This book is about Peter Rogers, the producer of the many Carry On films. I'd recommend it to any Carry On fan, if only to get Rogers' take on things.

The book apparently was made as an apologetic for the late Mr Rogers, an 'authorised' bio, intended to make Rogers look as good as possible; after decades of rumours that he had spent his life screwing as much money out of the Carry On films and his actors as possible.

I can only imagine that the authors relied on Rogers oblivious self-centerdness to get the manuscript past him. In anecdote after anecdote, Rogers is shown as wildly over-retaliating at anything threatening his money stream. At every turn Rogers is portrayed as a victim: he fires Charles Hawtrey "He was holding me to ransom!". No: Hawtrey was a sad conflicted drunk, but he certainly was not threatening Rogers' millions. When Rogers found that Bernard Bresslaw could not ride a motorcycle, Rogers is quoted as threatening to fire him, "He said he could ride a bike!" when Bresslaw thought that Rogers meant a bicycle: Rogers' reaction was that Breslaw had viciously lied to him. No. Bresslaw had simply misunderstood him.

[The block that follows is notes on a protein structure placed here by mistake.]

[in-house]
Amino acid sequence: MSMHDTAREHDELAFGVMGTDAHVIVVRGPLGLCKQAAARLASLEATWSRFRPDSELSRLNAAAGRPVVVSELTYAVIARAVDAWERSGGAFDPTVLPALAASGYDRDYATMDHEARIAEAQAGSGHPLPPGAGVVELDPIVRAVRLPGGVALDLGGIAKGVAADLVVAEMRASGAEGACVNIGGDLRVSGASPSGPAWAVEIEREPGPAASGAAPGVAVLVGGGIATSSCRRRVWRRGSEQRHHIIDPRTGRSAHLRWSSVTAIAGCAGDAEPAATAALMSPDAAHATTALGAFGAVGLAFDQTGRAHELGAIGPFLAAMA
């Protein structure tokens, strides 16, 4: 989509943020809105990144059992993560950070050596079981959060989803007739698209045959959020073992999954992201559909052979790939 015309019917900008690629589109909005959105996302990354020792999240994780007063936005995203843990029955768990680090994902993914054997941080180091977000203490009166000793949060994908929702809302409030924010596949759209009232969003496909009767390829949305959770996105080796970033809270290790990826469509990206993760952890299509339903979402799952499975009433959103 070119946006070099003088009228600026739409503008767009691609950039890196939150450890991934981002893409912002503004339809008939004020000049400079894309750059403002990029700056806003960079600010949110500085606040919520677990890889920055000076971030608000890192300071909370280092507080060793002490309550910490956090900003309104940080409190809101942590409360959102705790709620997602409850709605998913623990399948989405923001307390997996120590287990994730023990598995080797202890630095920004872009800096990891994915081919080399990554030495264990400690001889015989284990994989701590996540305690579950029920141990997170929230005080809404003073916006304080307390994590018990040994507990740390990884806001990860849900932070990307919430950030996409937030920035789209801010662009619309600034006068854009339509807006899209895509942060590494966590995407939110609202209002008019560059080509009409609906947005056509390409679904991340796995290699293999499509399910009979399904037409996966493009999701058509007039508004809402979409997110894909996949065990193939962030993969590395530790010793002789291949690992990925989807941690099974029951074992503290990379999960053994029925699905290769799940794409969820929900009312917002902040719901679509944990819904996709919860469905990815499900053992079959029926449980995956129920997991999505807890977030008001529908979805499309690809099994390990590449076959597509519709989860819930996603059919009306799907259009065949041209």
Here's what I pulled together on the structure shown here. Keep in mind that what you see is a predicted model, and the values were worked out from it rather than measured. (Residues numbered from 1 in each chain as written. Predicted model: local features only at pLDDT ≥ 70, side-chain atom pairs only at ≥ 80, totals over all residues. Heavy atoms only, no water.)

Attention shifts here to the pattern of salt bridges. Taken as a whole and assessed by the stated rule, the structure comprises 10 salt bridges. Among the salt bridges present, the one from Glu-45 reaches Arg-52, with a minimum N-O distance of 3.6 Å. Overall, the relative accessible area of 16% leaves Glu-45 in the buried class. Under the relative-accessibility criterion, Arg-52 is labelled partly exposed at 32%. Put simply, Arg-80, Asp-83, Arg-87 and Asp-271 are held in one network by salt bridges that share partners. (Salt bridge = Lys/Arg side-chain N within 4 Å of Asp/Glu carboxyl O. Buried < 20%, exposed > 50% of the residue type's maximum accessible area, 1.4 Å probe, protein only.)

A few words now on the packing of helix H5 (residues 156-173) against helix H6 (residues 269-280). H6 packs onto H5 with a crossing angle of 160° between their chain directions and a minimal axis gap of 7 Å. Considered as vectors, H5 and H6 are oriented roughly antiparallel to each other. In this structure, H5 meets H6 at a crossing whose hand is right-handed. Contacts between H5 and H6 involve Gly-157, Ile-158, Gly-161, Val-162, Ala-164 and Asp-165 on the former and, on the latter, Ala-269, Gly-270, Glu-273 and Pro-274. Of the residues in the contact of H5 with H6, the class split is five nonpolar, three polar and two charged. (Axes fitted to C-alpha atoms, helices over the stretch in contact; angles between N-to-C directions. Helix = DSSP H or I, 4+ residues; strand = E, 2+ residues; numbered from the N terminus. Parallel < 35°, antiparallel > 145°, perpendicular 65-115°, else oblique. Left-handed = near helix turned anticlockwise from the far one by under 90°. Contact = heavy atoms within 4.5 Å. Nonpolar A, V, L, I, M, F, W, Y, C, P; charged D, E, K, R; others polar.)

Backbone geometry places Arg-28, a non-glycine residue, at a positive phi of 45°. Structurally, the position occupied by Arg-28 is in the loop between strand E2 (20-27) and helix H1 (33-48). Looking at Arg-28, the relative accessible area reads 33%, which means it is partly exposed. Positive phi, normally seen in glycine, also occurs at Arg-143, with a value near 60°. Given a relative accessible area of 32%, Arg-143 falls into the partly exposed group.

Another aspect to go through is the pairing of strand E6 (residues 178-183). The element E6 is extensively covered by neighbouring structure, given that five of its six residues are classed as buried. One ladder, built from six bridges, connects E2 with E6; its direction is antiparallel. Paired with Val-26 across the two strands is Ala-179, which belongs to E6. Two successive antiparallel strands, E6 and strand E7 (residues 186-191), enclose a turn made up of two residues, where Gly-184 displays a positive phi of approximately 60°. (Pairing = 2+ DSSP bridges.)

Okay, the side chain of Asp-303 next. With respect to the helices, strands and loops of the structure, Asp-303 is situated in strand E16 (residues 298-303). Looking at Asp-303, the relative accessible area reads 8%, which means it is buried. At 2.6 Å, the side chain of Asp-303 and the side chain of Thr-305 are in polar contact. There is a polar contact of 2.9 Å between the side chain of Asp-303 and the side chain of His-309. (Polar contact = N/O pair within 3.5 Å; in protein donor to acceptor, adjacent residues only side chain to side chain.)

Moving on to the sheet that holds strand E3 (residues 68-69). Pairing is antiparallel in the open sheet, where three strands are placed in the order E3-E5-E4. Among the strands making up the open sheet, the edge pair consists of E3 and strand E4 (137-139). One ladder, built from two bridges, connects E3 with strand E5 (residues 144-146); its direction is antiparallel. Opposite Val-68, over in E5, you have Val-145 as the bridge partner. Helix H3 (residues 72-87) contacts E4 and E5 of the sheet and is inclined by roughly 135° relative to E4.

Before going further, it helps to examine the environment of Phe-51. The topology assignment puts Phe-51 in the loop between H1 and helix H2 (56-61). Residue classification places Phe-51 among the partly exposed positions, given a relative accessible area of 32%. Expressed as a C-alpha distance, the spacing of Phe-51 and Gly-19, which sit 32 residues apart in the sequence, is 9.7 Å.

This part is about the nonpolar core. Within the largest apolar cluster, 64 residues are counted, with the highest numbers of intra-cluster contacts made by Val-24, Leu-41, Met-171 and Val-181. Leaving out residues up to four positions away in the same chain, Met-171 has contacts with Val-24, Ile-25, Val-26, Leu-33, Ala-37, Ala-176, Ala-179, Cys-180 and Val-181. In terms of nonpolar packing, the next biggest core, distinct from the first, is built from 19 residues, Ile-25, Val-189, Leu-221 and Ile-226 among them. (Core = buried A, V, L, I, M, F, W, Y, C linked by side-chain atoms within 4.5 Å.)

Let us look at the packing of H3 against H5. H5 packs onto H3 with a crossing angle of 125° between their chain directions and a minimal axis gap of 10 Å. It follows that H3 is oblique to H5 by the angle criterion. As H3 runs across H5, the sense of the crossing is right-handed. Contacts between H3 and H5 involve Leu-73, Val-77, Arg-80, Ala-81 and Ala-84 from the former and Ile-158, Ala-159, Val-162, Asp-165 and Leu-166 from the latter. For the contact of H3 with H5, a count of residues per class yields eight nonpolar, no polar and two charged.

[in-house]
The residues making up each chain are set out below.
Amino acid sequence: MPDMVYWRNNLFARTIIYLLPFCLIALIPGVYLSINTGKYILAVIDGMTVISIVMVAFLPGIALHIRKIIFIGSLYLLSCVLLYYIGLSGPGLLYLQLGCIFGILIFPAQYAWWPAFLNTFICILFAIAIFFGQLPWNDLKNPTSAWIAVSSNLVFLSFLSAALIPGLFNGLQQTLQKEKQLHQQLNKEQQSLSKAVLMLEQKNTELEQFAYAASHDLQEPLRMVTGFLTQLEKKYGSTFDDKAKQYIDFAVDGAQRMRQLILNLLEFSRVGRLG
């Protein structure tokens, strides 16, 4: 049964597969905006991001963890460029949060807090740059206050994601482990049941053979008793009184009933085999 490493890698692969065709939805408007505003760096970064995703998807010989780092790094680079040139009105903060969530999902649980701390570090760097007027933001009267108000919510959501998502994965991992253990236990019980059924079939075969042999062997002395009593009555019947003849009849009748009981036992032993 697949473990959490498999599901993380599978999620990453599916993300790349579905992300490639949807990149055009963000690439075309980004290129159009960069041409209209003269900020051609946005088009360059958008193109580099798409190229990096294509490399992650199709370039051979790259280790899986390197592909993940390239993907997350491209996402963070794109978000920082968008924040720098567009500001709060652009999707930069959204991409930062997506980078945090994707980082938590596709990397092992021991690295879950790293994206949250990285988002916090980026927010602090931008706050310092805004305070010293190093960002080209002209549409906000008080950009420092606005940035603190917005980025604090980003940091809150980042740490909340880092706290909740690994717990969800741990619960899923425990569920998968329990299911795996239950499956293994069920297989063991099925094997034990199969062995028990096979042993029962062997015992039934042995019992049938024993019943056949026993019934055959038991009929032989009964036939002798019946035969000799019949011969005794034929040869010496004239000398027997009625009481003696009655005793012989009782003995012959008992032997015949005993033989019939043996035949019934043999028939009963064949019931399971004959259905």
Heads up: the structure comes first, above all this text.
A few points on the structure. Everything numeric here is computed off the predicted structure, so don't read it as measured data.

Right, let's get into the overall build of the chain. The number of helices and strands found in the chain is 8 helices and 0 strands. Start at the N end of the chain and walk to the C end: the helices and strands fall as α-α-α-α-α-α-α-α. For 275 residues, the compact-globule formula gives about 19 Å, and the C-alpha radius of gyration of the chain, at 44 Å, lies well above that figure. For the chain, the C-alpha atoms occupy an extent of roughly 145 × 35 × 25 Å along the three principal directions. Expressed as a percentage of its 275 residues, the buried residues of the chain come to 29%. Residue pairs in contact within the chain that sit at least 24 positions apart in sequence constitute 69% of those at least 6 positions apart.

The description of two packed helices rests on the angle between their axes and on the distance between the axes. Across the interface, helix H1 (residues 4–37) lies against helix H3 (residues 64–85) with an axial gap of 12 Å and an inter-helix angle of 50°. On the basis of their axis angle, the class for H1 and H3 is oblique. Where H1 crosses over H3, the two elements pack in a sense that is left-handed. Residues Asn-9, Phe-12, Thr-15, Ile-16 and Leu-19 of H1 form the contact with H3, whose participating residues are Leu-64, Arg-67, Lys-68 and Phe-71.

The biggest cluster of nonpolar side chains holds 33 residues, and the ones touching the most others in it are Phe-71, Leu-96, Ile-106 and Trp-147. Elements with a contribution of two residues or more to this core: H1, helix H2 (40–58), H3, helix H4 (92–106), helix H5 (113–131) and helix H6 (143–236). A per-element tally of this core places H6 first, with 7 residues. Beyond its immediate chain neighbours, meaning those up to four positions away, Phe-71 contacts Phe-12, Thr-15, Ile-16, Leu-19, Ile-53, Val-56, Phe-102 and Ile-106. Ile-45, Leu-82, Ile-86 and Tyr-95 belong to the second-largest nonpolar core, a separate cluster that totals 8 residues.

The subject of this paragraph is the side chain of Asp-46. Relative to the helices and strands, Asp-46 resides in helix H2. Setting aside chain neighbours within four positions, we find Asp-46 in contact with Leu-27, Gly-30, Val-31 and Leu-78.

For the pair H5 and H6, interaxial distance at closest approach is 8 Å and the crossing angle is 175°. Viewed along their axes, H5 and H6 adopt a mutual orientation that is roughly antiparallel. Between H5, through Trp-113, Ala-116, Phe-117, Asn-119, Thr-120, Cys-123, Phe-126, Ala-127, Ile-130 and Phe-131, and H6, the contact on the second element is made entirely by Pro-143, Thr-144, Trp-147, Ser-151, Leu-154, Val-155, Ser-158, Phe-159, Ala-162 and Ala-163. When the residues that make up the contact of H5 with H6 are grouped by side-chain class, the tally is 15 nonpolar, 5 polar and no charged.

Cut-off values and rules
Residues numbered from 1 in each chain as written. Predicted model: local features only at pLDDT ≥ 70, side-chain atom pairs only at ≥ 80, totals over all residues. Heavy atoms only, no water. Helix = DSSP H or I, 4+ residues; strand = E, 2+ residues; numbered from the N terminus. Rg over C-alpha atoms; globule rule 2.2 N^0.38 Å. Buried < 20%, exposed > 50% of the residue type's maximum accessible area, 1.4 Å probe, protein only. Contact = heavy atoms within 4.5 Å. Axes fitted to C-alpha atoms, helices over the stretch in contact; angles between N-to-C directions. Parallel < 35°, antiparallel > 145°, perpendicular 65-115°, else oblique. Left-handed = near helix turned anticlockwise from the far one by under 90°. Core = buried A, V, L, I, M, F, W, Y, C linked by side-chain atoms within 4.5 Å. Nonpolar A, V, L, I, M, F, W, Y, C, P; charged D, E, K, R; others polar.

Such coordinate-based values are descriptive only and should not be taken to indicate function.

This book is an exercise in sustained irony. I imagine the authors saying to themselves "Rogers is a complete *****, but he's paying us bucks to write this thing to make him look good. Fortunately, we can say anything we like, since he is completely tone-deaf. A paragraph that he considers praise, all our readers will read as the actions of a complete *********. Ok, so let's go for it.


Fox Evil
Fox Evil
by Minette Walters
Edition: Paperback

2 of 2 people found the following review helpful
1.0 out of 5 stars Another let-down, 25 April 2010
This review is from: Fox Evil (Paperback)
I've read several of Ms Walter's novels, and most seem to be complete let-downs. I appreciate she's a competent writer, but her plotting is abysmal. In this novel, there is no suspence, and almost no crime.

Her police detectives are interchangeable, not only between novels, but within them. Reginald Hill, for example, creates full-bodied police characters. In Ms Walter's novels, they are ciphers.

And I'm getting wierded out by Ms Walter's preoccupation with child abuse. All her novels I have read involve child abuse, either the victim's, the killer's, or even minor characters. Is she trying to tell us something? In this case, the whole novel seems to be a vehicle for her preoccupation.

I would love to like Ms Walter's novels, but can't.